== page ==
In addition to her revolutionary theater work, Malina has appeared in such films as Dog Day Afternoon (1975), The Addams Family (1991) and Household Saints (1993). Her many awards include a Guggenheim fellowship (1985), the 2008 Artistic Achievement Award from the New York Innovative Theatre Awards, and the 2009 Edwin Booth Award from the Doctoral Theatre Students Association of the City University of New York.
She is the author of books of essays, diaries, and poems, including Paradise Now (with Julian Beck, Vintage Books, 1971), The Enormous Despair, Diaries 1968-69 (Random House, 1972) The Diaries Of Judith Malina: 1947-1957 (Grove Press,1984), Poems Of A Wandering Jewess (Handshake Editions, 1982), Love & Politics (Black & Red, 2001) and The Piscator Notebook (Routledge, 2012). In addition, her Brazilian diary, which recounts the arrest and imprisonment of the Living Theatre for two months in 1971, was published in Brazil in 2008 by DOPS, the Department of Political and Social Order, which originally imprisoned them and is now a public archive with a mission to reveal atrocities committed in its name.
Judith Malina’s poems come from a variety of traditions, from the Old Testament, and maybe older, to the most current version of street language. Keeping it real above all, but real to the heart, and to the humanistic achievements that have lighted our way throughout the centuries. In other words, her art is an art of tradition, where tradition includes the imperative of re-invention. She also believes in the inherent possible goodness of all people, calling for dialogue with the perceived enemy. Her poems express all of that in language that is continually testing itself, its limits of precision coming into focus through her mastery.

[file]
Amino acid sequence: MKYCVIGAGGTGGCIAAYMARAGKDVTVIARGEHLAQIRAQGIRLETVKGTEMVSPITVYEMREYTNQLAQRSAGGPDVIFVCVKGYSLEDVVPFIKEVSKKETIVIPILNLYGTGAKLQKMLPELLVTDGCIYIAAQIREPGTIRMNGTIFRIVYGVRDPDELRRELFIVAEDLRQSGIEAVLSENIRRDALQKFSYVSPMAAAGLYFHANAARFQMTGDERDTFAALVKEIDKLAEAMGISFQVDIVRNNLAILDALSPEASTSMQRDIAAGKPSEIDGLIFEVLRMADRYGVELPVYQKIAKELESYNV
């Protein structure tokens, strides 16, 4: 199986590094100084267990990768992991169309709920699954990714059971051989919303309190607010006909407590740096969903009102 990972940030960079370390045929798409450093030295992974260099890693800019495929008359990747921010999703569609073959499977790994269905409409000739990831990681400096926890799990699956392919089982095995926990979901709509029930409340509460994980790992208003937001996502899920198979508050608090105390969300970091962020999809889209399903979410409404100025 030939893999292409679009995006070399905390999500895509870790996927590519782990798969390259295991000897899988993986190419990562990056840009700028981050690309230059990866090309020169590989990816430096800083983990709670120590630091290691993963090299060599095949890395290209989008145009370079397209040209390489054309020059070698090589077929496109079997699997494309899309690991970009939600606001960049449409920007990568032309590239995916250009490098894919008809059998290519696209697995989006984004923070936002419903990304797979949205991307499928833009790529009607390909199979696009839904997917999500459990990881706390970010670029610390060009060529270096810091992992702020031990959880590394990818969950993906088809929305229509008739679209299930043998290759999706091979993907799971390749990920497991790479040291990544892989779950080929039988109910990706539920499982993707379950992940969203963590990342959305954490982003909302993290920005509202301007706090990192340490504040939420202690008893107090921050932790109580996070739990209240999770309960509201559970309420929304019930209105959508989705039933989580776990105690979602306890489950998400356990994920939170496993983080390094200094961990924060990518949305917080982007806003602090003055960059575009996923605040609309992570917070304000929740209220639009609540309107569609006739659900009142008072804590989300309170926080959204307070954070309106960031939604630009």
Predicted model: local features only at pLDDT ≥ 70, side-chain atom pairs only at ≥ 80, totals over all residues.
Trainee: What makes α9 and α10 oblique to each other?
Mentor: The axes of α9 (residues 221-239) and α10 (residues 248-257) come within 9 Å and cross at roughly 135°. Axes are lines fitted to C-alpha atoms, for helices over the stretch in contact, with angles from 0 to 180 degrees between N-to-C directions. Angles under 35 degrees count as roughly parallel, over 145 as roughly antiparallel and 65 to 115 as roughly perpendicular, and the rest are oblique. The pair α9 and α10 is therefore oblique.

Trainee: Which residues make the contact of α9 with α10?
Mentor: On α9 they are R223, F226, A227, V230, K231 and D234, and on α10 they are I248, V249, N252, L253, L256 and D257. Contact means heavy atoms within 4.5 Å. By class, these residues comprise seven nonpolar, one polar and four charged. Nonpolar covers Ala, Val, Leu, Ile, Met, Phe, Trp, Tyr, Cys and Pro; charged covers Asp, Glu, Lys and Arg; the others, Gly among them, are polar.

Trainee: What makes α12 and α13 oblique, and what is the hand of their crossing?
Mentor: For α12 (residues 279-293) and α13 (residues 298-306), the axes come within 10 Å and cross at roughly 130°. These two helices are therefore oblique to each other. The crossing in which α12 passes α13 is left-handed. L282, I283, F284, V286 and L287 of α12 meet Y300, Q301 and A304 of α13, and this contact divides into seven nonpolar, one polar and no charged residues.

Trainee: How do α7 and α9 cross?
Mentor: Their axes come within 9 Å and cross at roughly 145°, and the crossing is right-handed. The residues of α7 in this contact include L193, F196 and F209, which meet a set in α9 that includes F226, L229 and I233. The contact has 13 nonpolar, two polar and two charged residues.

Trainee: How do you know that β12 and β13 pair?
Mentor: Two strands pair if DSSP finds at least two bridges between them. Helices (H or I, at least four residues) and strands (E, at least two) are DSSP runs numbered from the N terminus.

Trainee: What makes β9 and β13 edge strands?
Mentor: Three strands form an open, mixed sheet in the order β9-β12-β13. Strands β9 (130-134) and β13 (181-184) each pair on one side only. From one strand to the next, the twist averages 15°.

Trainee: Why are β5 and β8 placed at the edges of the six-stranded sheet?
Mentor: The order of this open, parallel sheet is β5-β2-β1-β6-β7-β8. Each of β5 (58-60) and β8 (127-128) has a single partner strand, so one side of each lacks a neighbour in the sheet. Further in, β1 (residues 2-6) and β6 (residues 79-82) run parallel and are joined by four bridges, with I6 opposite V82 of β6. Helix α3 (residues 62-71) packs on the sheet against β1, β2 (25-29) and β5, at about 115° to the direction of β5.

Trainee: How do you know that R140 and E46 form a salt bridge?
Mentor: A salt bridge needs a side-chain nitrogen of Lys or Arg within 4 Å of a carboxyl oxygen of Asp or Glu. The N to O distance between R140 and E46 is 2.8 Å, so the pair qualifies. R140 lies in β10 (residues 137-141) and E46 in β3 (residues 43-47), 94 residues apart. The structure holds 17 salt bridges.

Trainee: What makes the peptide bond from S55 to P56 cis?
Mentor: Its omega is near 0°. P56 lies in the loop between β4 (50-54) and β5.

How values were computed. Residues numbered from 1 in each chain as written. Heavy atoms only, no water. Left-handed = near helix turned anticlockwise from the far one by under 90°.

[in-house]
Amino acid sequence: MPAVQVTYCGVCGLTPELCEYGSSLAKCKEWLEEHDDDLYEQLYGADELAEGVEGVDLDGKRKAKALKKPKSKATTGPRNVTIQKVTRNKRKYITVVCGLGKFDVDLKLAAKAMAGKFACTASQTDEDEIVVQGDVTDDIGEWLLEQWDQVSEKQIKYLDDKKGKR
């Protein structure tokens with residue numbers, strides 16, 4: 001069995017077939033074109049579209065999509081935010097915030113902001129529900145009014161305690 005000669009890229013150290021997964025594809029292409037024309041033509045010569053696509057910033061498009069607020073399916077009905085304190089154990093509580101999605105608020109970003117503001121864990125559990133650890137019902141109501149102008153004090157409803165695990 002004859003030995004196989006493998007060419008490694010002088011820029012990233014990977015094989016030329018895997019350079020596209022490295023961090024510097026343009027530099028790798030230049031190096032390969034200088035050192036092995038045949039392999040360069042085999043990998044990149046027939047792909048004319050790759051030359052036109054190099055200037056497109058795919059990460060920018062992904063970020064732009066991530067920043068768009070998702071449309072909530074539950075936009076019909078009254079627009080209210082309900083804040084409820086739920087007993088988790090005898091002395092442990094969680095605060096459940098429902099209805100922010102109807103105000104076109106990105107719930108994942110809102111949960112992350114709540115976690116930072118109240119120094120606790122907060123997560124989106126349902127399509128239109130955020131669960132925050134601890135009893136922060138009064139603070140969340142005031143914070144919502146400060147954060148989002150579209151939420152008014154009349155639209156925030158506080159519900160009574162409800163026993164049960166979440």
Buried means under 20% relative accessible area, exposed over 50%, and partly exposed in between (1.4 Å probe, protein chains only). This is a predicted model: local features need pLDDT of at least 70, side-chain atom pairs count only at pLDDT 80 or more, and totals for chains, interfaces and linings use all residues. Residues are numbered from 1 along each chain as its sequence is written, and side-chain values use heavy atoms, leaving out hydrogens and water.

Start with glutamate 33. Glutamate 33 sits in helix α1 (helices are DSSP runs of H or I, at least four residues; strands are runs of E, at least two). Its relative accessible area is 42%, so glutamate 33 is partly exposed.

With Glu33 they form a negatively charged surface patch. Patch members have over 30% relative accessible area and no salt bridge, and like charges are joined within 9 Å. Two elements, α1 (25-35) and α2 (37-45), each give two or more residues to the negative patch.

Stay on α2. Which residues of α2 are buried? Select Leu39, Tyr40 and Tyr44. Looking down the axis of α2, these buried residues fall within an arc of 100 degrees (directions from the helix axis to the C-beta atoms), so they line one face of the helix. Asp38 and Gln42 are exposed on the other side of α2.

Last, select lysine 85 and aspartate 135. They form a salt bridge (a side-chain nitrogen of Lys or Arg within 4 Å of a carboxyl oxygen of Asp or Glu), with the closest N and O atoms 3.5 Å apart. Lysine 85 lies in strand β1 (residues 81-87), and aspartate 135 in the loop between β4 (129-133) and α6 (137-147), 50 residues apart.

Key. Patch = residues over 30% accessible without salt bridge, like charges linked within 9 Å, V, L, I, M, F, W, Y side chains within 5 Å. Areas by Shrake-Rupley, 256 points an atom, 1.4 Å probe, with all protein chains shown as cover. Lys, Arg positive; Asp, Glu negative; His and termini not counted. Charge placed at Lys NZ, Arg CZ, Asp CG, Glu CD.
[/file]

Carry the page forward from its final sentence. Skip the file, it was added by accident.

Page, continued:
Her relationships, and friendships, are touchstones in the poetry:
…You said that human wisdom
leapt beyond the bounds of
mere mentality. I denied
nothing. Your behests
like any monarch’s
can never be withstood.
— from “Conversation With Julian”
Also central is the awareness of social context.
Malina develops a tradition of poets outside mainstream power structures. Responding to William Blake’s “Infant Joy,” for instance, from his Songs Of Innocence, Malina finds a reason to continue:
I said to Joy,
What is your meaning,
Since we are doomed to death
& every end is sad?
Joy answered me:
My name is Death’s Delay,
So I embraced her
& I bade her stay.
— from “Two Songs”
We observe Malina’s play with language as delight, but also, always, as awareness, and revelation of injustice.
And, with time, too, there is pure human awareness of the fact that, as she writes, “Nothing is permanent.”
Ocasionally, she comments on the art of writing itself.
In the end, there is always more to be done, more to be acted, or enacted.
On my back I bear my burden,
But my body though saddened
Has not been defeated.
I feel myself inexorable.
As I demand the seemingly impossible
My feet are firmly planted on the ground.
— from “The Roundness Of My Back”
Fortunately, for us, Judith has always had her feet firmly planted on the ground. Please join me in welcoming her to Dia.